I'll never forget the first time we heard the word "cancer" in connection with Ethan.
We were in the hospital for a severe urinary tract infection and persistent diarrhea, and the doctors ordered an ultrasound scan. The young doctor on duty was scanning with a puzzled look on her face, and then said, "OK, liver, kidney... liver, kidney..." Then she turned to her supervisor and said, "Would you like to take over?"
There was an eerie silence for a long, long time as picture after picture rolled off the machine. Then, the man turned to us, took a deep breath, and said, "It looks like a fairly large space-occupying lesion. A tumor."
My head was spinning, and all I could think of to say was, "You mean cancer?"
Our lives changed in that millisecond and have never been the same since.
We are lucky; Ethan has reached NED (no evidence of disease) after two years of treatment. We have seen his hair fall out, watched him vomit 6 - 10 times per day, lose so much weight that he could barely stand, saw his skin turn an unearthly shade of white when his blood counts dropped, and learned of permanent hearing loss from the treatment that we hope will save his life.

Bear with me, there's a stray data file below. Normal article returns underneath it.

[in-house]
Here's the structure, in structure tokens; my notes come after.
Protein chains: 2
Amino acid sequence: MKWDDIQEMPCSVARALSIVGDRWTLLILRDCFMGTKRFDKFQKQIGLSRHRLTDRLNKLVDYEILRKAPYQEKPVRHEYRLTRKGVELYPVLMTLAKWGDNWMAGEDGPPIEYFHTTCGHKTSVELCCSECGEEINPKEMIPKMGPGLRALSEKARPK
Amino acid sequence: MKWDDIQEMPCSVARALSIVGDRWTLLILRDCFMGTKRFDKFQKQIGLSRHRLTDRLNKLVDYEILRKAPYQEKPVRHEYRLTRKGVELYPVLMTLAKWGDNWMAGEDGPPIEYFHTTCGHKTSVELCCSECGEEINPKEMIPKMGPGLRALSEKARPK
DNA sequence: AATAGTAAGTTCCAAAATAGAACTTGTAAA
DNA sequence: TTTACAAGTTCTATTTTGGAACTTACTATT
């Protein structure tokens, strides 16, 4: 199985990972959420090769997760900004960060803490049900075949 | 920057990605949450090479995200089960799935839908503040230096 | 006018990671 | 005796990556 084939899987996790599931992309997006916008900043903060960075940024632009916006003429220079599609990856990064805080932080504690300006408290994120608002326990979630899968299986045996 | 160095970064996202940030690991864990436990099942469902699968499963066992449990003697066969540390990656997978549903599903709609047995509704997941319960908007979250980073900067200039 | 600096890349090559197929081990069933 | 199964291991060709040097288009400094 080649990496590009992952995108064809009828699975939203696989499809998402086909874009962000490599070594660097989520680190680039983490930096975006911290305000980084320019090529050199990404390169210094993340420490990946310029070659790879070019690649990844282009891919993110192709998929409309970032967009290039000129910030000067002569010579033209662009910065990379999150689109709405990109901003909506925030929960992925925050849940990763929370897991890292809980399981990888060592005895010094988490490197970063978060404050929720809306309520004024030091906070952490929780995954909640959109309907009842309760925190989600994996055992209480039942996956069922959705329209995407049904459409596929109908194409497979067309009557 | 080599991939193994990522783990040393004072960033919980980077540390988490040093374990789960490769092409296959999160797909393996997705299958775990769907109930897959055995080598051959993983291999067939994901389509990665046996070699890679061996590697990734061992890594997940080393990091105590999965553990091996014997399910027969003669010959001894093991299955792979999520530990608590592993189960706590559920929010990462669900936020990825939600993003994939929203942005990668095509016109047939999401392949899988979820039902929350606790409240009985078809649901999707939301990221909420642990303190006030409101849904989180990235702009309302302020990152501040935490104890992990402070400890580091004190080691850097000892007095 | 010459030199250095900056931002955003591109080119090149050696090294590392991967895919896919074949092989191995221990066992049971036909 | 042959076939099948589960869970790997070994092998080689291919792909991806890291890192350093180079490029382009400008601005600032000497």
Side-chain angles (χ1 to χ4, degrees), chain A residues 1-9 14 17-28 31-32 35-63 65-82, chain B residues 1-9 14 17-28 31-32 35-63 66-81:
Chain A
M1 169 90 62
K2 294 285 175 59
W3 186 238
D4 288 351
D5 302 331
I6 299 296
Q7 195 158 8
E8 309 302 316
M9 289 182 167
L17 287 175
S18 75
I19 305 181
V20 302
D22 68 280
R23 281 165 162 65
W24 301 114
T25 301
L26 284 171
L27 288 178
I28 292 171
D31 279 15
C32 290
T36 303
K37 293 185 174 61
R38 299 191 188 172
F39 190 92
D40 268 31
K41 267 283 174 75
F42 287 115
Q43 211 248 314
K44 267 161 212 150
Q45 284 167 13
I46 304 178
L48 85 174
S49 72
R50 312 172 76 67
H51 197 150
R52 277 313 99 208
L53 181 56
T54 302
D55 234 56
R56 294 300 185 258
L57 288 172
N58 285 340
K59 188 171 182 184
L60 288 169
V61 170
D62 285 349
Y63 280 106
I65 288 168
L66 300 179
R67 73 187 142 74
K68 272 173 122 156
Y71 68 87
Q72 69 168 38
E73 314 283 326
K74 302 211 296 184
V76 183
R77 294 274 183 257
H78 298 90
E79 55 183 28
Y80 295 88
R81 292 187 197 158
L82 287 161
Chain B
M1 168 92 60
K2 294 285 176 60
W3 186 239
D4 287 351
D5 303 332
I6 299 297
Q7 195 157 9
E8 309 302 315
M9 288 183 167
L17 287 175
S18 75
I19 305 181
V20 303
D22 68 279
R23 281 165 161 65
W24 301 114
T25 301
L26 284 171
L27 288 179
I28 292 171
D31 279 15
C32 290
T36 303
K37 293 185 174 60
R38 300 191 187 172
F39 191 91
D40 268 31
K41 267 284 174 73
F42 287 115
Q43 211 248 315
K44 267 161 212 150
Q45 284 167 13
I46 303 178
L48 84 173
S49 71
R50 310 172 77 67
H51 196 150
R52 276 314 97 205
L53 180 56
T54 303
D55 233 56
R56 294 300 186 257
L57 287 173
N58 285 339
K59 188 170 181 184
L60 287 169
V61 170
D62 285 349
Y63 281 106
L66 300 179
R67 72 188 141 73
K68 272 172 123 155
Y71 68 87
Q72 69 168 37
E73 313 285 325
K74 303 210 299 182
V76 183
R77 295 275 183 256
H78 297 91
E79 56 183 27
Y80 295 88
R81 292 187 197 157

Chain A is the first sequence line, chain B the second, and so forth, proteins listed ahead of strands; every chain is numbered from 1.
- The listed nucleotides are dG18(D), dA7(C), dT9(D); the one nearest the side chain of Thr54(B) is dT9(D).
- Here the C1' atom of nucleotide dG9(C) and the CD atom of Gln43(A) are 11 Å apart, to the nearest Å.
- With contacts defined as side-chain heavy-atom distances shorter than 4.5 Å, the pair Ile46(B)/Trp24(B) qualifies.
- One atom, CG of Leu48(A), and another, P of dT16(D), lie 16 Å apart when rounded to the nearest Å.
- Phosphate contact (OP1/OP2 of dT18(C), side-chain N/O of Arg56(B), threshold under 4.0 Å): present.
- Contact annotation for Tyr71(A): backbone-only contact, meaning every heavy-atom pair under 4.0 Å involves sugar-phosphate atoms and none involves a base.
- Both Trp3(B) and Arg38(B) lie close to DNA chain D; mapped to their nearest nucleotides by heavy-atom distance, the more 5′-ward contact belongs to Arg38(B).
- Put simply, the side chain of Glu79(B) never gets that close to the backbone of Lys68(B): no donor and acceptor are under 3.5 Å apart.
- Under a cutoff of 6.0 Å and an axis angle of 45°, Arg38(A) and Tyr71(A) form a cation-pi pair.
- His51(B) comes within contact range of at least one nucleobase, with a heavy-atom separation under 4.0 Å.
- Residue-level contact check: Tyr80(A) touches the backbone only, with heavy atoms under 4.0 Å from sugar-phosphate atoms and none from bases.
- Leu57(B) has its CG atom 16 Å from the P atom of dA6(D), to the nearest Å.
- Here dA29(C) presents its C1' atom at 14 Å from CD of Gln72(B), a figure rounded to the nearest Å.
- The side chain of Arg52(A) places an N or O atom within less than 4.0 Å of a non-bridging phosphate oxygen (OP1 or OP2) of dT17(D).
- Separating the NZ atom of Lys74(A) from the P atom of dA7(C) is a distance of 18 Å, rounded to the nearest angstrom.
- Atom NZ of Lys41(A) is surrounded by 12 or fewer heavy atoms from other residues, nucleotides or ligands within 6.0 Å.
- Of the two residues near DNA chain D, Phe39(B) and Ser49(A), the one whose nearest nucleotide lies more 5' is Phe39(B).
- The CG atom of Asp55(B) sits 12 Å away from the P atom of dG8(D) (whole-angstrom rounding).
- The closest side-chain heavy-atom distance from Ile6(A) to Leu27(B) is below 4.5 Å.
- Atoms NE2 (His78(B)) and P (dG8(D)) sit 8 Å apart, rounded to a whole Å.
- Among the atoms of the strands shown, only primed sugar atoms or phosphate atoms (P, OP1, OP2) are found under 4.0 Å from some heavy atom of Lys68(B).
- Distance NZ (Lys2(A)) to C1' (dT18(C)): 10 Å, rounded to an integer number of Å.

But we have also seen his hair grow back, watched him recover from major surgery amazingly quickly, and most importantly, we have seen the scans and other tests that show no sign of cancer cells in his body.
For the moment, we sweat every check-up scan, dreading a repeat of the scan that showed the tumor in the first place. I have gotten used to hearing the work "cancer" in connection with my son, but I still hate passionately that any child has to go through what he has been through.